South Korea’s ‘puppy mills’ churning out cuteness from conveyor belt of abuse, Latest World News - The New Paper

South Korea’s ‘puppy mills’ churning out cuteness from conveyor belt of abuse

They are South Korea’s “puppy mills” – horribly filthy and dingy shelters where tiny dogs are crammed in tiny cages and subjected to unimaginable abuse just so they can produce money-making offsprings.

Animal rights activists raided one of these illegal breeding facilities in Jinan-gun city, 195km south of Seoul, early in May, and what they found was “a living hell”, Ms Kim Hye-ran, a representative of the volunteer-run shelter The Better Tomorrow (TBT) Rescue, told The Korea Herald.

They found the remains of dogs inside a freezer, drugs and needles everywhere, and bichons frises and poodles inside rusted cages housed in a windowless, tent-like enclosure with rubbish and dirt everywhere.

Many of the dogs were in poor health, and had scars from surgery, likely without the use of anaesthetic.

“We had expected to find around 40 dogs, but… we rescued 131,” Ms Kim told The Herald,

She said TBT Rescue took in 21 dogs, many already pregnant, and that one had died.

The illegal breeding facility in Jinan-gun was not an isolated case, she said, but that it was impossible to ascertain exactly just how many there are.

On record, South Korea has some 2,000 registered breeding facilities producing over 460,000 dogs each year, according to the Korea Rural Economic Institute, a government-funded think-tank.

What is fuelling this industry is a preference among Koreans to buy pets from physical or online stores over adopting.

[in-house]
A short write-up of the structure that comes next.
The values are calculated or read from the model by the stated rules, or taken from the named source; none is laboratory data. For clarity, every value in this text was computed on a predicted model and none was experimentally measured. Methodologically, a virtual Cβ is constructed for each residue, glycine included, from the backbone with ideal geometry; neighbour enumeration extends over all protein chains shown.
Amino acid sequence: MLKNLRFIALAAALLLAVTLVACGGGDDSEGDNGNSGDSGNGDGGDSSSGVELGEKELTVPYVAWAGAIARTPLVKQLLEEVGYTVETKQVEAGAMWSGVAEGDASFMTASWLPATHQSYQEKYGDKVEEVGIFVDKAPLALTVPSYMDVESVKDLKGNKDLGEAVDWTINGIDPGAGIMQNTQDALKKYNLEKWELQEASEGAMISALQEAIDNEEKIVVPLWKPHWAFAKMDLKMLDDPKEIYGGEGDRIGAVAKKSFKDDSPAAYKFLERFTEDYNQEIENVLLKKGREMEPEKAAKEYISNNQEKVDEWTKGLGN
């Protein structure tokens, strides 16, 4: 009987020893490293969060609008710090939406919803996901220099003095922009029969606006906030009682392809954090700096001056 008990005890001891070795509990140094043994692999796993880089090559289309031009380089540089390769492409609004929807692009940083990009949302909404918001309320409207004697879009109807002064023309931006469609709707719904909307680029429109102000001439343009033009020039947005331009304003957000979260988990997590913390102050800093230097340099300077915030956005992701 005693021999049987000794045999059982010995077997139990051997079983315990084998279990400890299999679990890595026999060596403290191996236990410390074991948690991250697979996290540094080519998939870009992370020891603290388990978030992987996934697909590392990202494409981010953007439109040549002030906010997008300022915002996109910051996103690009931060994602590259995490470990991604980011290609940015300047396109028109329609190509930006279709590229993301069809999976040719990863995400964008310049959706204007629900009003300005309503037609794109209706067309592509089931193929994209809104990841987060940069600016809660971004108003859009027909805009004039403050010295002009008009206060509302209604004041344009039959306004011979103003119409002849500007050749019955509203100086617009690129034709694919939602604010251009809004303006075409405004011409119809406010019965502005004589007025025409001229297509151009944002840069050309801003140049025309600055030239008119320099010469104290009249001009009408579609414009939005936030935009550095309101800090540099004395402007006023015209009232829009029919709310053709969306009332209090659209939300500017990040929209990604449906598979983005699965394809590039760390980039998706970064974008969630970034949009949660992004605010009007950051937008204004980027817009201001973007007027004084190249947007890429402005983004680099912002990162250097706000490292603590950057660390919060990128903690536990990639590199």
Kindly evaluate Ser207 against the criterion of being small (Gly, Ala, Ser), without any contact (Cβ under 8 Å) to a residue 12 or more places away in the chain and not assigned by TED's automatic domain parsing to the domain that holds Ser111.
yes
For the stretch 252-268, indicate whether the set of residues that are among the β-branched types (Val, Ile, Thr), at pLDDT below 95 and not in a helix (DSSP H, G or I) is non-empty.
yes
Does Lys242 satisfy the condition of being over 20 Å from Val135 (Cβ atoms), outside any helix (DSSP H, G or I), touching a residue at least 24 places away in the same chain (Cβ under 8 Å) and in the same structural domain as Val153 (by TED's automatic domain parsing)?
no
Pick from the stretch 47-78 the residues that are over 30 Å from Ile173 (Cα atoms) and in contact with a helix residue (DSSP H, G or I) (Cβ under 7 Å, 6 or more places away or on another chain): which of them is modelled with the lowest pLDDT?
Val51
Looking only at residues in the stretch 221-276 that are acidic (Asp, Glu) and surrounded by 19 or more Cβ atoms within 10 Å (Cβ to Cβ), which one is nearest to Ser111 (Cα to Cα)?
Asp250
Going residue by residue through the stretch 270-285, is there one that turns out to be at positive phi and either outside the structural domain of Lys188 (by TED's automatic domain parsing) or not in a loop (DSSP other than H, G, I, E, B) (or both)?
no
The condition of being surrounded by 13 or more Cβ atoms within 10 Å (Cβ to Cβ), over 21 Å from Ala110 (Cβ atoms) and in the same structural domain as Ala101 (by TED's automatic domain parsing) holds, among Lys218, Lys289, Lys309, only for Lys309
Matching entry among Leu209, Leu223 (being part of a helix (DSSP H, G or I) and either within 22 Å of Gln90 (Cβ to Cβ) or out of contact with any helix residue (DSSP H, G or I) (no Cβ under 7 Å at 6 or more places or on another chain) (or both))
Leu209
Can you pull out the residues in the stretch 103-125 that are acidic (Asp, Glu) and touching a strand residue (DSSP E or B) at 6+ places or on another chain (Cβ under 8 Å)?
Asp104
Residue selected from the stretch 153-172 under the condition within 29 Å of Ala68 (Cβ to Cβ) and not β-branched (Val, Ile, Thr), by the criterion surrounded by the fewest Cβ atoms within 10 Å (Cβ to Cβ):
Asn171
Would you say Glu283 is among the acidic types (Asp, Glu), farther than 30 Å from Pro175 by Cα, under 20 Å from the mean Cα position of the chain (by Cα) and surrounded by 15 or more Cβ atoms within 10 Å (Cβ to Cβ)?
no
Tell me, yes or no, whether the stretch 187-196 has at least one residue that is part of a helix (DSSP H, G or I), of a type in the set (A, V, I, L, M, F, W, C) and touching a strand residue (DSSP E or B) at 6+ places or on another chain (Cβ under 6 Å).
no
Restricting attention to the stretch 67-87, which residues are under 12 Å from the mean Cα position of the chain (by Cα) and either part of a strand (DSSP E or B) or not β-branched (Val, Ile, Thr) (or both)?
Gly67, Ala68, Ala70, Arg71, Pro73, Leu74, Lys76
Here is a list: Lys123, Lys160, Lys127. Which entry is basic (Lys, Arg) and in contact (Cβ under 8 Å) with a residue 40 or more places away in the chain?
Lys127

One in five Koreans get their pets from a store or buy online, while only 5.6 per cent opt to adopt from a shelter or a charity.

That lopsidedness is due to the long and complicated process of adopting rescue dogs.

“People don’t realise that the cute, fluffy dogs they see in pet stores are the products of a painful and cruel past,” Ms Kim told The Herald.

She said dogs that come out of “puppy mills” have likely been mistreated.

They are kept solely for the purpose of breeding. They are beaten and abused. They are seldom cleaned, and they live in cages strewn with their own waste.

If they can no longer breed or get sick, they are euthanised or thrown out into the streets and left to fend for themselves.

TBT Rescue has been campaigning to get more people to adopt rescue dogs and finding homes that can help nurse abused and abandoned dogs back to health before they are put up for adoption.

Funding has been a problem, though.

Ms Kim said rescuing a single dog can cost from 1 million won (S$1,024) to 10 million won.

“I understand that people want to raise dogs from when they are puppies, but I want to emphasise that age doesn’t matter. Any dog can become a beloved member of your family,” she said.

South Koreaanimal abuseANIMAL WELFARE